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Commissioner: Slain Ga. CO was a hero who protected others

“Curtis’ heart was engraved with service. He took all these position and tried to excel and make life better for others.”


Members of the Georgia Department of Corrections carry the body of corrections officer Sgt. Curtis Billue out of the Wilkinson County High School gymnasium after funeral services Saturday, June 17, 2017 in McIntyre, Ga.

Jason Vorhees/The Macon Telegraph via AP

Associated Press

McINTYRE, Ga. — A corrections officer who was slain while transporting inmates was a hero who spent his career protecting other people, Georgia’s top prison official said at the man’s funeral.

Hundreds of mourners gathered Saturday in central Georgia to remember Sgt. Curtis Billue, one of two Georgia prison guards killed when two inmates escaped Tuesday from a prison transfer bus.

Law enforcement officers from around the state joined relatives and friends of Billue for his funeral at Wilkinson County High School in McIntyre. Billue was 58.

Billue’s casket was draped with an American flag, WSB-TV reported. He was remembered as a military veteran and devoted father of two sons.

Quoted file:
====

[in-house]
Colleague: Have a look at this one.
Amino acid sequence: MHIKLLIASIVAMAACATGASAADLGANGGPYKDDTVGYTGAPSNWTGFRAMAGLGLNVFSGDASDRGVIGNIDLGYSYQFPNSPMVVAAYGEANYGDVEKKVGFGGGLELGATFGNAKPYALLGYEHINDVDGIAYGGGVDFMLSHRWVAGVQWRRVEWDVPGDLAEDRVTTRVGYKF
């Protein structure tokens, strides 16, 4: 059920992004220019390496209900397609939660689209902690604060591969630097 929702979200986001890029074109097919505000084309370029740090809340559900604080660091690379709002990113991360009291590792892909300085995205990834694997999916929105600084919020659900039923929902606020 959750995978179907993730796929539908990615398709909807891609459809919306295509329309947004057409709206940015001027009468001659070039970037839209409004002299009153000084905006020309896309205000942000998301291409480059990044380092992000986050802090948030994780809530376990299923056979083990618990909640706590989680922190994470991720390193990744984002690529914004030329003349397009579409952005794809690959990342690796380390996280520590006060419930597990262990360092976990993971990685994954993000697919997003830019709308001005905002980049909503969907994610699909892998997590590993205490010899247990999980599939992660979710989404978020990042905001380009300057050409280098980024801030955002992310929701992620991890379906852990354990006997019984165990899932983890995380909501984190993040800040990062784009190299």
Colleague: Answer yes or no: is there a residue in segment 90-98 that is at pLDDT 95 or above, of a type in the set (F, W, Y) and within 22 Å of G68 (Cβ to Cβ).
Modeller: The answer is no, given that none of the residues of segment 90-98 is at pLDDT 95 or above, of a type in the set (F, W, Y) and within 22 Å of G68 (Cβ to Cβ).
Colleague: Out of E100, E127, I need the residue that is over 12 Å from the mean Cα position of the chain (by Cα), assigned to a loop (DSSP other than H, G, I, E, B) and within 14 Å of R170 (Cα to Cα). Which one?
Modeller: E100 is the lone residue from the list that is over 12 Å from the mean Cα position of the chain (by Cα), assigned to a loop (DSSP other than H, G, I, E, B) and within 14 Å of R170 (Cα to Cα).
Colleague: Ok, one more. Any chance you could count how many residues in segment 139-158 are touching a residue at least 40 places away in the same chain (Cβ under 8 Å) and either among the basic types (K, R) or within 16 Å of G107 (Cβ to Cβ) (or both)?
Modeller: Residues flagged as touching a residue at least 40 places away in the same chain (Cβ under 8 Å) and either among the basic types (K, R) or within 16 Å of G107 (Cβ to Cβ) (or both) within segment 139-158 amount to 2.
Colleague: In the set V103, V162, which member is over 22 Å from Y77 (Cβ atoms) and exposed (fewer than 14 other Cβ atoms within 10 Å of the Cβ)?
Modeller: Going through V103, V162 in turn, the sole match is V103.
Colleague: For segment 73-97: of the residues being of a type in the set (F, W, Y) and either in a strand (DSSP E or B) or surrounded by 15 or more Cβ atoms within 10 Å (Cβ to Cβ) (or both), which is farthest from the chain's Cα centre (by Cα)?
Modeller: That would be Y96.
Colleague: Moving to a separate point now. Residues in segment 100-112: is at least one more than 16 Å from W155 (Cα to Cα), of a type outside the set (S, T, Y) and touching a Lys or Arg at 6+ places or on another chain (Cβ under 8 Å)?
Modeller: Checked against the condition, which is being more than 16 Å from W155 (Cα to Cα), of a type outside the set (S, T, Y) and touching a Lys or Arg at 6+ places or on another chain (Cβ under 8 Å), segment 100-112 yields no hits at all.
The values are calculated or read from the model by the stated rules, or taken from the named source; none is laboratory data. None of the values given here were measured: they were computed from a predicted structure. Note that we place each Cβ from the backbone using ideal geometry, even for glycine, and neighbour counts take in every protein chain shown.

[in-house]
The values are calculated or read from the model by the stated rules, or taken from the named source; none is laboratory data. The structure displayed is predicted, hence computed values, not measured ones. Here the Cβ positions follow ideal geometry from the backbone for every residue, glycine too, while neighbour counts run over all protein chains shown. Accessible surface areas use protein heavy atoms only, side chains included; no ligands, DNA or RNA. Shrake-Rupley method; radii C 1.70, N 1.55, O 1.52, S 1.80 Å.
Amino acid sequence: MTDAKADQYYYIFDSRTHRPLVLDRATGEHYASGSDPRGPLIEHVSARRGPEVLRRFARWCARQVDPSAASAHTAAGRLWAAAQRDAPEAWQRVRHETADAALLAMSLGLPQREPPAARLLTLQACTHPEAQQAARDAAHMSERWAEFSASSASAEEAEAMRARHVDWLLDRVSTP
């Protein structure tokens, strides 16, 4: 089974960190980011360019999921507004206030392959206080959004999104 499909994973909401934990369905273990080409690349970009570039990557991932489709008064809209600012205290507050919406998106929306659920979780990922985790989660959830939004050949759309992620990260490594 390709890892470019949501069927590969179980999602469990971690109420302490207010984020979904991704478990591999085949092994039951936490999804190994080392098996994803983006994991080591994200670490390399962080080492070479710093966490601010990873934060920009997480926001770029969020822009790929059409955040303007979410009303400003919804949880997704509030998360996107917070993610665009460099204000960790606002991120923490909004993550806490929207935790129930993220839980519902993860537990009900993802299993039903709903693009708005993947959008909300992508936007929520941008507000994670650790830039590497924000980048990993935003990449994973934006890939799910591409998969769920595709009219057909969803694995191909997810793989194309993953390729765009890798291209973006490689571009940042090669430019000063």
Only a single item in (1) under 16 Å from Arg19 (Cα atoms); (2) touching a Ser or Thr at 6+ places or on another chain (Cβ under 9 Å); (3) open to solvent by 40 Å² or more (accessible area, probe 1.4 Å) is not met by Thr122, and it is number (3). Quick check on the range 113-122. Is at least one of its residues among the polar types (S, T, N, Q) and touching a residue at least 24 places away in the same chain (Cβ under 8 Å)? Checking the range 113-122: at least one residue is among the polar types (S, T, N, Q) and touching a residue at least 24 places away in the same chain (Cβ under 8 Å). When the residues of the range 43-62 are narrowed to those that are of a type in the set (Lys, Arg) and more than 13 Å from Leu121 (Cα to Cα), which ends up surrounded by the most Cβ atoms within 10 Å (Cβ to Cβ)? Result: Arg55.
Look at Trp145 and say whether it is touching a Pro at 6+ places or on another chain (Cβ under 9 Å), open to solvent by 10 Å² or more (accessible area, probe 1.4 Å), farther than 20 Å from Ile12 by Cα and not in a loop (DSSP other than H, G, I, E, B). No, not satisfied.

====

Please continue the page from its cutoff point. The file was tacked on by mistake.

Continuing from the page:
“We know he served in many roles, but hero comes to mind. Curtis Billue gave his whole life to protecting and serving others,” Georgia Department of Corrections Commissioner Greg Dozier said, according to The Telegraph newspaper of Macon.

Authorities said Billue and Sgt. Christopher Monica, 42, were overpowered and shot with their own weapons. Escaped inmates Donnie Rowe and Ricky Dubose were captured Thursday in Tennessee.

Dozier has promised they “will be brought to justice swiftly for their heinous crime against our officers.”

Monica’s funeral is set for Tuesday in nearby Milledgeville.

Bruce Billue said his brother never hesitated to help someone in need.

“Curtis’ heart was engraved with service. He took all these position and tried to excel and make life better for others,” Bruce Billue said. “We will miss you, love you beyond words.”

By giving his own life, Curtis Billue may have saved other officers, Pastor Harold Banks said. He said the sergeant would want his loved ones to forgive the men who committed these “atrocious acts.”